BMJ Open  2012;2(5):e001389.
There is concern across a range of healthcare settings worldwide that trust in physicians is declining. Decreased trust may lead to lesser tolerance of prognosis uncertainty and an increased demand for tests, referrals and second opinions. Literature suggests that there has been a recent cultural shift towards decreased trust in, and increased questioning of, medical advice. We investigated the impact of varying prognosis and socioeconomic status (SES) on trust in physicians, and patient questioning of medical advice.
Semistructured, audio-recorded transcribed interviews were conducted. The interview schedule was developed with reference to the Health Belief Model. Interviews were conducted between October 2008 and September 2009.
Participants were recruited via general practitioner clinics and hospital cardiac rehabilitation programmes.
Participants consisted of patients either receiving preventive treatment or active treatment for established cardiovascular disease.
Outcome measures
A coding structure was developed based on the aim of the research, to investigate the impact of varying prognosis and SES on trust in physicians.
Older participants are more likely than their younger counterparts to be unquestioning of medical advice. Higher SES participants are more likely to question medical advice than lower SES participants. Also, unlike primary prevention participants, established pathology increased participants’ trust, or decreased questioning behaviour. Participants who perceived themselves at risk of a poor or uncertain outcome were unlikely to doubt medical advice.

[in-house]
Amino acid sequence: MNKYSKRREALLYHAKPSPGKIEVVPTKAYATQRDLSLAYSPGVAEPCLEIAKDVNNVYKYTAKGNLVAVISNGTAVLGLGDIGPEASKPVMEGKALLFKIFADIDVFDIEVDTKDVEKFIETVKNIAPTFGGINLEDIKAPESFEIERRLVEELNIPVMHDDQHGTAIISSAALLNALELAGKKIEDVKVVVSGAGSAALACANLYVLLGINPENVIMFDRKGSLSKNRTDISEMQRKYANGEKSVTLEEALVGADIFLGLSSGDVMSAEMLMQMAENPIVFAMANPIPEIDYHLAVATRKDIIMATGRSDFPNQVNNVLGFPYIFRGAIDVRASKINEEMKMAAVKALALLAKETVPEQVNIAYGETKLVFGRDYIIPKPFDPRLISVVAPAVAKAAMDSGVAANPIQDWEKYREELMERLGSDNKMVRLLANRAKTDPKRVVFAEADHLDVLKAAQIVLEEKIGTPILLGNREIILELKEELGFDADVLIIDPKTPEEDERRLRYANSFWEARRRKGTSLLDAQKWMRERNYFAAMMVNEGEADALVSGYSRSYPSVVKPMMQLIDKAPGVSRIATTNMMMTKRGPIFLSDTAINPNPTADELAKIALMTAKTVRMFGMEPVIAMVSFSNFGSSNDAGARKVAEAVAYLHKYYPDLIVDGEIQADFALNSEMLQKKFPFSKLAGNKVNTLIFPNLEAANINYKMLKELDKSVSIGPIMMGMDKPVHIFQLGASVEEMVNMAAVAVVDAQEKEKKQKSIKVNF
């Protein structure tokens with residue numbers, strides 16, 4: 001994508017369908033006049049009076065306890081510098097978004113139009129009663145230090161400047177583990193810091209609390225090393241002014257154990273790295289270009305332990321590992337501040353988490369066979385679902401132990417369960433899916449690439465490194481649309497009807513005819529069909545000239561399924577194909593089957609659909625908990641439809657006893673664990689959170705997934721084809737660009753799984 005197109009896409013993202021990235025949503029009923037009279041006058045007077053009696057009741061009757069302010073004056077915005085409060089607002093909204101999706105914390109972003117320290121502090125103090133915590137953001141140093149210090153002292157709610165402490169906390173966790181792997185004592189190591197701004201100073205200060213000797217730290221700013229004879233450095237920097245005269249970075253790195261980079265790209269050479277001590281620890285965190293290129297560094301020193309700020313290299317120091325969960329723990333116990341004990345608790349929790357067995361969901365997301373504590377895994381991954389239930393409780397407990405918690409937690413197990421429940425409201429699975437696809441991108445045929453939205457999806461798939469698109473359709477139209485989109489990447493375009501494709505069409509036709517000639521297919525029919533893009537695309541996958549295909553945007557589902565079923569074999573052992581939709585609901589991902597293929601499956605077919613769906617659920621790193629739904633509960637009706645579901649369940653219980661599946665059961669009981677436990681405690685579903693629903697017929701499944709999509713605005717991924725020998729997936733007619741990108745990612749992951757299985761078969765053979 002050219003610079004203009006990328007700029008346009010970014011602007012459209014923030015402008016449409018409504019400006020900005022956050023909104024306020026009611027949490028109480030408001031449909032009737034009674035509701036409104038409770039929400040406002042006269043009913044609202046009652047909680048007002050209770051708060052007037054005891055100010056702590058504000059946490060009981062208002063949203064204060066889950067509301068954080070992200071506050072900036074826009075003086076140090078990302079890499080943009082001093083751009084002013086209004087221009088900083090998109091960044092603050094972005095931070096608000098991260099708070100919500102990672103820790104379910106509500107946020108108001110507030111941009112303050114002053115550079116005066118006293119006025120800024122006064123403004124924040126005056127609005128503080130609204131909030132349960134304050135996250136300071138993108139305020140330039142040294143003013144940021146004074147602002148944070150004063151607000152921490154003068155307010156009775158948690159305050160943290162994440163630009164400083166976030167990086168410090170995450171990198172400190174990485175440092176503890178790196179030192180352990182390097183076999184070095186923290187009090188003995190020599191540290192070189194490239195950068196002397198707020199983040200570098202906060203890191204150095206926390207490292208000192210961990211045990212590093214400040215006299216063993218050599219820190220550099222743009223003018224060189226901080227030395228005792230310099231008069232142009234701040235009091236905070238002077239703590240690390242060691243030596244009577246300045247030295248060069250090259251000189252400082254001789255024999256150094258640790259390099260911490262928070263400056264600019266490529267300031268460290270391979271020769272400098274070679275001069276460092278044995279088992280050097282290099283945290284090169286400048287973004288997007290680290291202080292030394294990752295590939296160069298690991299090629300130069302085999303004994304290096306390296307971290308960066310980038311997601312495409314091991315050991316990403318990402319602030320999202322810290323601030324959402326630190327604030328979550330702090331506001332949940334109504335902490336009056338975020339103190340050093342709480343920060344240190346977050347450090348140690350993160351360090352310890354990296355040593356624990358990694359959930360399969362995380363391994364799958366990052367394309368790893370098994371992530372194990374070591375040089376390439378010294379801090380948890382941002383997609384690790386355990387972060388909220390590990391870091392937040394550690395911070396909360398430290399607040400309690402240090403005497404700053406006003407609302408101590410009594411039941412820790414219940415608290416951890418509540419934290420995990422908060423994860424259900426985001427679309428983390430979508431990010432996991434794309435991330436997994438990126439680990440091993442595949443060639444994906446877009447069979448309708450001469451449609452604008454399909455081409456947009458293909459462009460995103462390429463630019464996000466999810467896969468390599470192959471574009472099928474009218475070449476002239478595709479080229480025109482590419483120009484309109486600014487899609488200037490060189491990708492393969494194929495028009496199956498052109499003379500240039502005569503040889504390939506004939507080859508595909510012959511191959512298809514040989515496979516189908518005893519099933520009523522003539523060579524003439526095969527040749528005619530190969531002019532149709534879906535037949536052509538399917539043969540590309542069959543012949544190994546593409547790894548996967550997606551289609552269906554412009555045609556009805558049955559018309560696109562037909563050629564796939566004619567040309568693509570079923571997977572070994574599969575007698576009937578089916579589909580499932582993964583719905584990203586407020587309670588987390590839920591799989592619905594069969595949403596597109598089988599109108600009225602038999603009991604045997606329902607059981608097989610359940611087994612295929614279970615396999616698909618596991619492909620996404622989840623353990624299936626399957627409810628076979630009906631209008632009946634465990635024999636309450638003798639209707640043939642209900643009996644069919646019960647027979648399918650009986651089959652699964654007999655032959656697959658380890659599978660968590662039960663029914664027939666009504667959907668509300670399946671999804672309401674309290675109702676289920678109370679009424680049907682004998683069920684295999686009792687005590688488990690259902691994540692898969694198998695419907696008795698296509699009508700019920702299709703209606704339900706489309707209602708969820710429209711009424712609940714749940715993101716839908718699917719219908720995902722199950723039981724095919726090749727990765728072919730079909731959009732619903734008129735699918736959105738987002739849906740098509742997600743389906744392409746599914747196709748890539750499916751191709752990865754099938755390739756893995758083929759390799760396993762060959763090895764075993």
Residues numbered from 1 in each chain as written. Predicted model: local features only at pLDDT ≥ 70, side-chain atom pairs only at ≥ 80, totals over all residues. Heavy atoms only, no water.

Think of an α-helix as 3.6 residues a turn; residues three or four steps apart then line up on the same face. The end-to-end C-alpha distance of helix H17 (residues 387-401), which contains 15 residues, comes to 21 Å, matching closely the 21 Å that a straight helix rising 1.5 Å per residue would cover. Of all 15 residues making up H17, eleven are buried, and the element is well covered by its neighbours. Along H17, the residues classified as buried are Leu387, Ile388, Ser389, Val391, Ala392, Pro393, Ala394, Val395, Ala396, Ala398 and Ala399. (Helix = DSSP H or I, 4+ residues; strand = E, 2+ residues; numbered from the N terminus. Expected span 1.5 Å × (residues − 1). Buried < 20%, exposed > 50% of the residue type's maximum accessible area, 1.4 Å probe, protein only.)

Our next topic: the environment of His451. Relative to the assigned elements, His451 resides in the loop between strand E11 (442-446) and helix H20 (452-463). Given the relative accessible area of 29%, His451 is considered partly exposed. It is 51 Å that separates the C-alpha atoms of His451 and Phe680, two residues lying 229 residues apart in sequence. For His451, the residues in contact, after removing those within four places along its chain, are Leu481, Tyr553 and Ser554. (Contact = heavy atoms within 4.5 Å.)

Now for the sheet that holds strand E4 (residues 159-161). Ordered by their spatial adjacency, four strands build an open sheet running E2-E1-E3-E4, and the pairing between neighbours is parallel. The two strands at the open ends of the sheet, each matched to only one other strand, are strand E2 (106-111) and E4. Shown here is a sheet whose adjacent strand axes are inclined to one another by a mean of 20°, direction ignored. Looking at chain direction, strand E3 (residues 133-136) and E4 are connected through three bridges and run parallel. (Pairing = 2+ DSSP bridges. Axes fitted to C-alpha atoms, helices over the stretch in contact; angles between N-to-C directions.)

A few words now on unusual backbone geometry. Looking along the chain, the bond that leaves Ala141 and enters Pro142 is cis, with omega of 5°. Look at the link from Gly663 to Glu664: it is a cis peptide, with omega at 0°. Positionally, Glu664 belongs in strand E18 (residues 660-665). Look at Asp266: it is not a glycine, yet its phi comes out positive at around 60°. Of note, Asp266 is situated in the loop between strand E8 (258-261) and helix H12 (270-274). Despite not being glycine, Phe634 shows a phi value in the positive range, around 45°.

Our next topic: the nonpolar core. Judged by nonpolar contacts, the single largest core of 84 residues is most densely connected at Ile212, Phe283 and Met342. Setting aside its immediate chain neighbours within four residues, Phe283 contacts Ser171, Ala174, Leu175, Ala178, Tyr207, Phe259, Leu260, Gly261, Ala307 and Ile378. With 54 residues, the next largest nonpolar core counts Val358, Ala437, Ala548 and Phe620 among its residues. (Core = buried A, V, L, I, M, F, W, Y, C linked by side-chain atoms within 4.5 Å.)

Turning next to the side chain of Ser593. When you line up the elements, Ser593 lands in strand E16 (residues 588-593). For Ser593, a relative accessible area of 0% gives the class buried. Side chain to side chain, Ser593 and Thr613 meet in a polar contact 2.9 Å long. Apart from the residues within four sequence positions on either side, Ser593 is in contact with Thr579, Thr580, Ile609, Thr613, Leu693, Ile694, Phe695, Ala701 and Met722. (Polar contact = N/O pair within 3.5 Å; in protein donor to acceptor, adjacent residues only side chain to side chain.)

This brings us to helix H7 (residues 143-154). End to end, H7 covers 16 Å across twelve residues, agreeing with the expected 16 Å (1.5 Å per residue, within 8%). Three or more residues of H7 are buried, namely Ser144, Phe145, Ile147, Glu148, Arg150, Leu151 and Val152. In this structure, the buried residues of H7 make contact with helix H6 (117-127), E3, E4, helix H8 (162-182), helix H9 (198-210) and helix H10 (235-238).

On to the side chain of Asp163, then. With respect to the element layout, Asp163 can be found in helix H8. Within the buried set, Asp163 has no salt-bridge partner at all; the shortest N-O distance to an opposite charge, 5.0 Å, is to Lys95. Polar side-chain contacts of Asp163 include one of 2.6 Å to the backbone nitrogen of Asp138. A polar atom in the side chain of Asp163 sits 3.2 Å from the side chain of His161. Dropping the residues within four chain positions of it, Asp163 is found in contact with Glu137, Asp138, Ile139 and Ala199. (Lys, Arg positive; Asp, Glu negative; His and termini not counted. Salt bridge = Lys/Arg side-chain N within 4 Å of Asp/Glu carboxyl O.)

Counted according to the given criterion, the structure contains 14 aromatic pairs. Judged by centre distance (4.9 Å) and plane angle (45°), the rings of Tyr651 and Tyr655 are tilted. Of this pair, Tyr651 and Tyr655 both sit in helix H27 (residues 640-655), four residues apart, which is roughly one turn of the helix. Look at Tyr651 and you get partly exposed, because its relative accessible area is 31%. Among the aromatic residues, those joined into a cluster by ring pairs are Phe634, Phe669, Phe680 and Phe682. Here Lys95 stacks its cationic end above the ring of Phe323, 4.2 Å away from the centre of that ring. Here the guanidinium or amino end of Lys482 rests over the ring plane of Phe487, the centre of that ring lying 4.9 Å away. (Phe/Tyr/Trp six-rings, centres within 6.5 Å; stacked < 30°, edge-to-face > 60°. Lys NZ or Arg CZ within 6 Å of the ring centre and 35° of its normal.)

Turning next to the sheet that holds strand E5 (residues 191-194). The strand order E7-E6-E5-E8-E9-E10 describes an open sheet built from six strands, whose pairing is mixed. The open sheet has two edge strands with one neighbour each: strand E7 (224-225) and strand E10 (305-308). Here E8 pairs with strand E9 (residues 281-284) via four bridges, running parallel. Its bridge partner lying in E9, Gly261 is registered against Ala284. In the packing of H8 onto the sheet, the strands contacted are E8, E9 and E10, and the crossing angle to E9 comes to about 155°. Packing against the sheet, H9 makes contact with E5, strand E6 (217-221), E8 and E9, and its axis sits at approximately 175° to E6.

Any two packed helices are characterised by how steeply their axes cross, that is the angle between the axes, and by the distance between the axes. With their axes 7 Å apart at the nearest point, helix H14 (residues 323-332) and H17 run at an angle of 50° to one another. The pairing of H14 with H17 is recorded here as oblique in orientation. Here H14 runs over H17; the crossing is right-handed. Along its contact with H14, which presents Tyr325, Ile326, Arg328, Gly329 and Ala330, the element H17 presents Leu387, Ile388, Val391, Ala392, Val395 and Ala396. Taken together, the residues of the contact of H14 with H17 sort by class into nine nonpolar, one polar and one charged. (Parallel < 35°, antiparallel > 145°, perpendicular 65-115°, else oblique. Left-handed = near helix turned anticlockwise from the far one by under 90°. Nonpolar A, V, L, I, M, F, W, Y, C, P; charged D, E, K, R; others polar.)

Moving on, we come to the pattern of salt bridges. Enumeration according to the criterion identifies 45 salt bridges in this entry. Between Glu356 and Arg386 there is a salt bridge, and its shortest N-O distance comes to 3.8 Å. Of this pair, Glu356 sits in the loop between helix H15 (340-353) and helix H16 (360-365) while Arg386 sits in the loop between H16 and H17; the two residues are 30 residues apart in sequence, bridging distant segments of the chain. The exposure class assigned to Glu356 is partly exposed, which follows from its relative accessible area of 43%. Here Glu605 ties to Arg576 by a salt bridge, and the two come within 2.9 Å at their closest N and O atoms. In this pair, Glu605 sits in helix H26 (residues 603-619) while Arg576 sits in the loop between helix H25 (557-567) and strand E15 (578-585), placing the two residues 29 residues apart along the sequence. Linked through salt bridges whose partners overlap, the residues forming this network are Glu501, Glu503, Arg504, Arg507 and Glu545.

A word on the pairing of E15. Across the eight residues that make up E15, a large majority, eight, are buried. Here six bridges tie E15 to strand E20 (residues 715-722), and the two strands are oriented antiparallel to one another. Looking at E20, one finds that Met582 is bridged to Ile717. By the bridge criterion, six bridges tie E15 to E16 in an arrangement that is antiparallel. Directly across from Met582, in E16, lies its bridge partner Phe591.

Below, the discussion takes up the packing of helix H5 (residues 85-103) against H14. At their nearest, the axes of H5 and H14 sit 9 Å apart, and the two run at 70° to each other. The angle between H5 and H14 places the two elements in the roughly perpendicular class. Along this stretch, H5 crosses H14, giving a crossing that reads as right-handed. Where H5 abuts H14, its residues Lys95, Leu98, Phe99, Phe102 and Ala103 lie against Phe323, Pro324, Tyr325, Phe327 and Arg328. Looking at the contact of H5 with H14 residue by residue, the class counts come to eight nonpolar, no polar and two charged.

Blind trust in physicians remains strong in older participants, participants who perceive their prognosis to be uncertain and a proportion of lower SES participants. This is important for practitioners in terms of patient agency and points to the importance of moral and ethical practice. However, physicians also need to be aware that there are a growing proportion of patients for whom trust needs to be developed, and cannot be assumed.
PMCID: PMC3488703  PMID: 23035015
Preventive Medicine; Medical Education & Training
15.  Elevated HIV prevalence and risk behaviours among men who have sex with men (MSM) in Vietnam: a systematic review 
BMJ Open  2012;2(5):e001511.
To review and analyse original studies on HIV prevalence and risk behaviours among men who have sex with men (MSM) in Vietnam.
Systematic literature review. Comprehensive identification of material was conducted by systematic electronic searches of selected databases. Inclusion criteria included studies conducted from 2002 onwards, following a systematic review concluding in 2001 conducted by Colby, Nghia Huu and Doussantousse. Data analysis was undertaken through the application of both the Cochrane Collaboration and ePPI Centre approaches to the synthesis of qualitative and quantitative studies.